The common example of back-donation is the interaction of a CO molecule with a metal center (d-orbitals) on a surface.

Can a similar mechanism occur between CO and a non-metal center, like oxygen on a surface (like in an oxide)? Can the p-orbitals of the surface oxygen be involved in such an interaction?

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    $\begingroup$ It is a matter of perspective: back donation of pi-electrons is not limited to M-CO interactions. The more important question would be whether you would like to define it that way and look at it that way or not, and whether or not it will have a stabilising effect. (Related negative hyperconjugation) Carbon suboxide can certainly be explained that way: $\ce{O#C\bond{->}C\bond{<-}C#O <-> O=C=C=C=O}$ $\endgroup$ May 8, 2019 at 15:19
  • $\begingroup$ Pi back-donation can and often does occur in all-nonmetal molecules. See this answer in relation to chalcogen halides, where pi back-donation affects the stoichiimetry we see. $\endgroup$ Dec 2, 2022 at 10:41

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Yes. This is a hot topic in main group chemistry, and has been used to explain stable CO complexes with main group elements. Here is a very nice open-access article by Sergeieva et al. where they look at the pi-back donation with some state-of-the-art computational chemistry. Here's a graphical demonstration of the Si←CO σ-donation and Si→CO π-back donation.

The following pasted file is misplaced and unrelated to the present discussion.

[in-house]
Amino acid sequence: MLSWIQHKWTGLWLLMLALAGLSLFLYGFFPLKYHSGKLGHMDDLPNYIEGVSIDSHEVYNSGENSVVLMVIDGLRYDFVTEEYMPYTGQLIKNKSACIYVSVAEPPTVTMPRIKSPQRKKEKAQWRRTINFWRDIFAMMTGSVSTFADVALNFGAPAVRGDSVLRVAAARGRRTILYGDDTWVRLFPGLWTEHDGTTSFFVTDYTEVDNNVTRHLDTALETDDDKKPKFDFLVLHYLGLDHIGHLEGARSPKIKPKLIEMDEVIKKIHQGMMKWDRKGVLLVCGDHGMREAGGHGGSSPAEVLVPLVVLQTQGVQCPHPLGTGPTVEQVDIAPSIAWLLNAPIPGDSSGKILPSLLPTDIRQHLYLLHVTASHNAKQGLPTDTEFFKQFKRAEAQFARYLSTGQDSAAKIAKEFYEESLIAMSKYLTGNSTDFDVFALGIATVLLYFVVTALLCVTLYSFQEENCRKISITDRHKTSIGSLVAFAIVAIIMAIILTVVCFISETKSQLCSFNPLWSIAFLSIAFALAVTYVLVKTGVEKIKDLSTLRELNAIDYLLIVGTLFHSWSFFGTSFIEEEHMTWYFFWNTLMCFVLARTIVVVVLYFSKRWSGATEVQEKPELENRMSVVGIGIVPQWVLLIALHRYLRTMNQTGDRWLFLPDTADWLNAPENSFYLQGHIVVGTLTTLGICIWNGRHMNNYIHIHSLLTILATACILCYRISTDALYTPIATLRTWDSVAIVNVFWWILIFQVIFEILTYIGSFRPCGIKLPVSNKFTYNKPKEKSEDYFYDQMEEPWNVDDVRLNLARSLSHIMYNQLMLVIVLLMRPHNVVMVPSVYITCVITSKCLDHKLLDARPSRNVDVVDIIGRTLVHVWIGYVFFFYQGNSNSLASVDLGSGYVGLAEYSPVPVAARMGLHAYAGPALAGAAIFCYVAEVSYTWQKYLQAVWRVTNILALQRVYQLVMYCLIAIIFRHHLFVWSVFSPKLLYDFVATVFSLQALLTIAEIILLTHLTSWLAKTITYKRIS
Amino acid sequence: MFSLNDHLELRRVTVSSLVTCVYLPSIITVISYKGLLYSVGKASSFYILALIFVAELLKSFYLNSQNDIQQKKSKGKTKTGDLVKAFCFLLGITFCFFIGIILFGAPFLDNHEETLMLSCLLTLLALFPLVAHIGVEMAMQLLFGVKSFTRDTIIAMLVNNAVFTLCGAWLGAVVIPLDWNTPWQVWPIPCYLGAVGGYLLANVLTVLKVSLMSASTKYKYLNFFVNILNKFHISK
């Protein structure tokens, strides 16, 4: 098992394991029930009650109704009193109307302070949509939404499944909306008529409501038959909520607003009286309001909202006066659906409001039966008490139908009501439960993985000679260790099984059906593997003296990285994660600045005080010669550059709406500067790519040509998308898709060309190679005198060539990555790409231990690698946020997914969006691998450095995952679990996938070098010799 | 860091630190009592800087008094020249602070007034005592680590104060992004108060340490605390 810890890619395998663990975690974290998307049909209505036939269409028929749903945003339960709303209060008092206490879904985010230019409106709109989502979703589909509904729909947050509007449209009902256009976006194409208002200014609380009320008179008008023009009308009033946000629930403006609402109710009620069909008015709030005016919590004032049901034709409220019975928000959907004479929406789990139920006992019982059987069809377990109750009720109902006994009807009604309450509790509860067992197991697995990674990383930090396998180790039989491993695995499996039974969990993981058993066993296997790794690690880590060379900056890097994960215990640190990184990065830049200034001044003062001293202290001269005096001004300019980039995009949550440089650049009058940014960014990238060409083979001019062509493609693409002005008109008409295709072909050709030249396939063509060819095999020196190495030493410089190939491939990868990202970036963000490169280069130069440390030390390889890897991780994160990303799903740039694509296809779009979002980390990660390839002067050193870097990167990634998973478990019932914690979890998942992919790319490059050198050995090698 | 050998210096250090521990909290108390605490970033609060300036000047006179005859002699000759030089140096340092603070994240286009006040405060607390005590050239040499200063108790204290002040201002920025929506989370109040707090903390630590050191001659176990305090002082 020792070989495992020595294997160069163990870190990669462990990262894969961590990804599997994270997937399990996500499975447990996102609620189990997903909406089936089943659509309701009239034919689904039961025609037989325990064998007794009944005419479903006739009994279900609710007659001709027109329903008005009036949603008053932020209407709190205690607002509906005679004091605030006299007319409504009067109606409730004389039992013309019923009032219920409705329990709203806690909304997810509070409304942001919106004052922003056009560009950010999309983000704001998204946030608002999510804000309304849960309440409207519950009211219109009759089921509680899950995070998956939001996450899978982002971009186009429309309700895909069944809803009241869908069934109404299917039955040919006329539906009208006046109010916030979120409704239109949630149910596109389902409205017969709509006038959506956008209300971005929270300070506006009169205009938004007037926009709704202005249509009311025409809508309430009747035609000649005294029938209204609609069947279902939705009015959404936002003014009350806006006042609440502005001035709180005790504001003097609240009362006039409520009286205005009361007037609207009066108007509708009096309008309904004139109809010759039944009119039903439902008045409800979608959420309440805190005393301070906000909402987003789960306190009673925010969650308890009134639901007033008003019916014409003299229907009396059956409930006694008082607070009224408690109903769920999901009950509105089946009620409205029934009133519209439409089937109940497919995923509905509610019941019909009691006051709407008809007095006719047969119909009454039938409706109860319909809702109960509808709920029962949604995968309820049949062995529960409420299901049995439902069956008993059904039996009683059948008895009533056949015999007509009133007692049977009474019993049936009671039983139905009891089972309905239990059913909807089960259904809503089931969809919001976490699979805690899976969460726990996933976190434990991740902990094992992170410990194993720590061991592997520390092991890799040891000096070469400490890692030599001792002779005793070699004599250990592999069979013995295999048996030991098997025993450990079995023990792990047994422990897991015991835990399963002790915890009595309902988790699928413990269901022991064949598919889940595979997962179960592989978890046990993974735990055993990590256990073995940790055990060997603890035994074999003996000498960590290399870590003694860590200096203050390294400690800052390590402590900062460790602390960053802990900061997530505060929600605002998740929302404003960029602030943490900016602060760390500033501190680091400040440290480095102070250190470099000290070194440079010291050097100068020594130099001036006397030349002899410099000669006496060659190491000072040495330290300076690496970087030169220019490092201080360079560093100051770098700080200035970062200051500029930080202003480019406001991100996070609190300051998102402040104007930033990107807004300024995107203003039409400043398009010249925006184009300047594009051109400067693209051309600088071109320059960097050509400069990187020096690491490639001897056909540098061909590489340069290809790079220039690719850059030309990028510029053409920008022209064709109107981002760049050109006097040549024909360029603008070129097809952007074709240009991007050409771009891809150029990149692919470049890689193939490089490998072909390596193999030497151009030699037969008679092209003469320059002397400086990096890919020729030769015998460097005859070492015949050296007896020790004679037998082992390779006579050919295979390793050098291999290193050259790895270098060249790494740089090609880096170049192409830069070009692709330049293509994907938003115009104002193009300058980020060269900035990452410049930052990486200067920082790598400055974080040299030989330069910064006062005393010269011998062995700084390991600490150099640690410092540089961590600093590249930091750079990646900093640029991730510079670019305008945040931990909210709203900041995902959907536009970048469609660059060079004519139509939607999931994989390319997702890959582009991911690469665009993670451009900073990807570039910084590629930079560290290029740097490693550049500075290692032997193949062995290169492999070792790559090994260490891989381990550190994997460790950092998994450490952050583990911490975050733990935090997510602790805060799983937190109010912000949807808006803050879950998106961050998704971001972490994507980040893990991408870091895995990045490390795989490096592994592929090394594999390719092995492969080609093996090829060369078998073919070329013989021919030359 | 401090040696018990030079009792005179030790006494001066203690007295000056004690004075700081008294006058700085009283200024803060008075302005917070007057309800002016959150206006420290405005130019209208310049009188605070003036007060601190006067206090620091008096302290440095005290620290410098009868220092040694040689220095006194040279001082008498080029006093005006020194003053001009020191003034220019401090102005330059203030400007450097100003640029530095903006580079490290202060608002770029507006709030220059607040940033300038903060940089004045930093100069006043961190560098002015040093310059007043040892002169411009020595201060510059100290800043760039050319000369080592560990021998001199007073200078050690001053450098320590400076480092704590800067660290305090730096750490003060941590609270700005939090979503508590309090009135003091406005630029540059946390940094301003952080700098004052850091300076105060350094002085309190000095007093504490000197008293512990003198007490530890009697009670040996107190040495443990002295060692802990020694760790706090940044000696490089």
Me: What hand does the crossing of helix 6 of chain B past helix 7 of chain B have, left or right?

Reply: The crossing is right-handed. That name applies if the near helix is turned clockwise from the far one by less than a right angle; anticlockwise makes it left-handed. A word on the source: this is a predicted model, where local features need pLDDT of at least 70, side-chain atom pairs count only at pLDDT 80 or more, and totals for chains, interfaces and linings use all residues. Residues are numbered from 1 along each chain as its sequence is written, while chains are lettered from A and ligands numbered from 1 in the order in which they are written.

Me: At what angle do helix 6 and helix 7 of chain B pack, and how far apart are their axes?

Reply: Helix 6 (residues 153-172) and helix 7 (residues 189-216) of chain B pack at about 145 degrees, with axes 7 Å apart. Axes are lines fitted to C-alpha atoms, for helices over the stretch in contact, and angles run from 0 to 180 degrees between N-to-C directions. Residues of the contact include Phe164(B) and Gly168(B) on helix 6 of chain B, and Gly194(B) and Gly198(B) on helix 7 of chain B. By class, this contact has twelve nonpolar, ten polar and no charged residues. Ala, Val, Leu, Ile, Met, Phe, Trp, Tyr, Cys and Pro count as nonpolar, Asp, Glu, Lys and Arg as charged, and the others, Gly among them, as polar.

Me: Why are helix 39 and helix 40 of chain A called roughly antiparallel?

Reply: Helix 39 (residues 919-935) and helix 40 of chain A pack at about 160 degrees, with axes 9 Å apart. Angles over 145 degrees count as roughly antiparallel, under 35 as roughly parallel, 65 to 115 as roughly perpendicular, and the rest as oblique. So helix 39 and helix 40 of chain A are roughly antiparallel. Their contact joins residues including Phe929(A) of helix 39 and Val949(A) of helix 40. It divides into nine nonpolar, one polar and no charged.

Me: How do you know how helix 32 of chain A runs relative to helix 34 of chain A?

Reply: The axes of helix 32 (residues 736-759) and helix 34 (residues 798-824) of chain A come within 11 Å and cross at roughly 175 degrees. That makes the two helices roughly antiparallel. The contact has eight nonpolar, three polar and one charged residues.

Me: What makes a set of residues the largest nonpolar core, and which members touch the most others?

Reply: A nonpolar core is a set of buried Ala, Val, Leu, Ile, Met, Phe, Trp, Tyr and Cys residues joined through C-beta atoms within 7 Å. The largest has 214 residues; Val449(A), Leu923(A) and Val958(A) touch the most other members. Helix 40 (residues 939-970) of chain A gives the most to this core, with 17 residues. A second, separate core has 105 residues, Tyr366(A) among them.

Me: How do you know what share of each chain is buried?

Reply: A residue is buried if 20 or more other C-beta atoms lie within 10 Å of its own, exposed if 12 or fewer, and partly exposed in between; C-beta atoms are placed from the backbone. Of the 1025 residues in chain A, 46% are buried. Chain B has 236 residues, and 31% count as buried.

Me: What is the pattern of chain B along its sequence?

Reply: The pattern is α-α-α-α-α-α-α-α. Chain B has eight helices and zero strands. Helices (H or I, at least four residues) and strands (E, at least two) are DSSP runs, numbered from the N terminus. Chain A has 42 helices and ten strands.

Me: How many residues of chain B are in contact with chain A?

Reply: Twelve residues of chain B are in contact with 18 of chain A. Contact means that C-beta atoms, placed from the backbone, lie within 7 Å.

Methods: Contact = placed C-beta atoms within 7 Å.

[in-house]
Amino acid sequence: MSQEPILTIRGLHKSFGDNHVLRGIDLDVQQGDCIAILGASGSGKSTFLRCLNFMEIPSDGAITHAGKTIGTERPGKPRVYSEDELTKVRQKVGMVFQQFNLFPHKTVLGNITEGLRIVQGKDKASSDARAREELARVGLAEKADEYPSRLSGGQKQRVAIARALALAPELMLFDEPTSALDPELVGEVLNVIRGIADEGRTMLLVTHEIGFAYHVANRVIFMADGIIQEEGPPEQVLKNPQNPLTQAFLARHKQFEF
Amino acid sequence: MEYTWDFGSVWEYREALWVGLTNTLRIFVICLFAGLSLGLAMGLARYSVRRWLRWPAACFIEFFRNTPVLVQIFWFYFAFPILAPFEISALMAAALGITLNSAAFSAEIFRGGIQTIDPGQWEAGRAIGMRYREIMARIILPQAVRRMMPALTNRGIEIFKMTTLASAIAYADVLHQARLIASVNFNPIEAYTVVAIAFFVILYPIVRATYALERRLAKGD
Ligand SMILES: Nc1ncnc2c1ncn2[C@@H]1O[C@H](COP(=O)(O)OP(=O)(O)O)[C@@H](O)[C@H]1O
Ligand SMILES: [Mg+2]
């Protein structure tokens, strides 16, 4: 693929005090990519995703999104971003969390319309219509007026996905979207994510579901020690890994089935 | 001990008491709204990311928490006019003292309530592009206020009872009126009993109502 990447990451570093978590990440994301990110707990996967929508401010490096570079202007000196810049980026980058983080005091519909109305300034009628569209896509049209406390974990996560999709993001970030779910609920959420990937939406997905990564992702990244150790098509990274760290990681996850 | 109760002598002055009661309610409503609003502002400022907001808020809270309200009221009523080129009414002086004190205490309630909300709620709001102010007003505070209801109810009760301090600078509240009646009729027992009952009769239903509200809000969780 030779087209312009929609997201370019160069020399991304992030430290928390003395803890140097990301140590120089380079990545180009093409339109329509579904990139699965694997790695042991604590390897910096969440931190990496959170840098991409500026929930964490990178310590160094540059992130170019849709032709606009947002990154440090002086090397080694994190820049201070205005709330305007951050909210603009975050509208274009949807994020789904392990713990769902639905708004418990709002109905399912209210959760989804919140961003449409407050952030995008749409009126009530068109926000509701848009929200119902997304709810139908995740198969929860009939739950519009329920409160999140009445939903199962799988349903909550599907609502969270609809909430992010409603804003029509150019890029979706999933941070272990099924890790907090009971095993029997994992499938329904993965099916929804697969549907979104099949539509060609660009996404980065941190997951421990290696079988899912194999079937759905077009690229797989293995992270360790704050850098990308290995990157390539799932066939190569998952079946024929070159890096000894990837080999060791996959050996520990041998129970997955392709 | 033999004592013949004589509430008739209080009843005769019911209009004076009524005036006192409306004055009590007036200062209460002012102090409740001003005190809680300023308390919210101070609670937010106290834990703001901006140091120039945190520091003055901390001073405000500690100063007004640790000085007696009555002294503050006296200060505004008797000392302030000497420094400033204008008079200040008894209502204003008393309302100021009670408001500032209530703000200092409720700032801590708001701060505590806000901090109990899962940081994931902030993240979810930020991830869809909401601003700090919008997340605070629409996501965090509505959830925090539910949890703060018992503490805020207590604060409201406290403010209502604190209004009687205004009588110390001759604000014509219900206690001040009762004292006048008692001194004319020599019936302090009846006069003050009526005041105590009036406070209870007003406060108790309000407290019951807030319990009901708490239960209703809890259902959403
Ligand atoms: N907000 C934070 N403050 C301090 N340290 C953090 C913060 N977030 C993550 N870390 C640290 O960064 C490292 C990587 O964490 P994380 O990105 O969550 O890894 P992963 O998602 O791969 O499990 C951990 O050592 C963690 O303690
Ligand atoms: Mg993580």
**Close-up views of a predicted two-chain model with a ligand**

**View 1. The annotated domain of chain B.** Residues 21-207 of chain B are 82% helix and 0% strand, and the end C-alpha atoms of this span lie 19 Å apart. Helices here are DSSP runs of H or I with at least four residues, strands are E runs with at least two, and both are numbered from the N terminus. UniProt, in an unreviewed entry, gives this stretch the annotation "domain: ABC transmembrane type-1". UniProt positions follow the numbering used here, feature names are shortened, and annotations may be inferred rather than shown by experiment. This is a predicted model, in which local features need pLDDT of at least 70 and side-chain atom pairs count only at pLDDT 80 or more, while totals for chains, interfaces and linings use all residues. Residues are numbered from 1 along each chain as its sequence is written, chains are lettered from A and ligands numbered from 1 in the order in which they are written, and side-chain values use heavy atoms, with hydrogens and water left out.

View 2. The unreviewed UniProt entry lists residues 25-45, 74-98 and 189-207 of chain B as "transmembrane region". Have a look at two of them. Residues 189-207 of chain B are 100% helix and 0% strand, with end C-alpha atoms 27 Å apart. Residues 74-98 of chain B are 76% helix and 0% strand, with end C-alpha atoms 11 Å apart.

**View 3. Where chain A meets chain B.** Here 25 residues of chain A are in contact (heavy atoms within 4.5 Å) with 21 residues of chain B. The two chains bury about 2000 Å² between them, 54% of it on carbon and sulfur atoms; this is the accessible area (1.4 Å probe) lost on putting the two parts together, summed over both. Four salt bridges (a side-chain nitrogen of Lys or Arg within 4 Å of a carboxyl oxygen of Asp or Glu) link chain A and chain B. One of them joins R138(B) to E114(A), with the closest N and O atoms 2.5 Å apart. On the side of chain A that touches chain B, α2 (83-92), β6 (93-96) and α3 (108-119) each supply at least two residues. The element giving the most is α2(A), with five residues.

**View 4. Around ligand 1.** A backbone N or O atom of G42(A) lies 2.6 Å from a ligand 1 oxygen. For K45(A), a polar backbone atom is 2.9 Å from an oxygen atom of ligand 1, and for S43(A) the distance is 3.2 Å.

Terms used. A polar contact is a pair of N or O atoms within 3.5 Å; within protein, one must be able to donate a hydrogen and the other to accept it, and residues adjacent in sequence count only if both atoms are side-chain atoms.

enter image description here Figure 2 Plot of deformation densities Δρ1–3 (isovalue=0.003) of the pairwise orbital interaction and shape of the most important occupied and vacant orbitals (isovalue=0.03) in silylene−carbonyl complex 1 with the orbital interaction energies ΔEorb (in kcal/mol) and their eigenvalues ν (in e). For the deformation densities, the direction of the charge flow is red→blue. The eigenvalues ν indicate the amount of donated (negative numbers) and accepted charge (positive numbers). The occupied orbitals are shown in yellow and blue for the different phases, while the unoccupied orbitals are in cyan and orange. Reproduced with permission according to CC BY 4.0 license.

The references contained therein detail the long history of Si--CO backbonding in particular.

There is nothing to stop back-donation to non-metal centers, but it is much rarer with main group elements. This is likely just because it happens to be that the overlap is more likely to occur with metals due to, e.g., ionic radius, d-orbital shape, etc..

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    $\begingroup$ Good discussion, but pi back-donation is not rare at all with main-group elements. It's just more subtle. For example, we can draw a structure for disulfur dichloride without pi back-donation, but that interaction accounts for $\ce{S2Cl2}$ being favored over $\ce{SCl2}$. $\endgroup$ Dec 2, 2022 at 10:54

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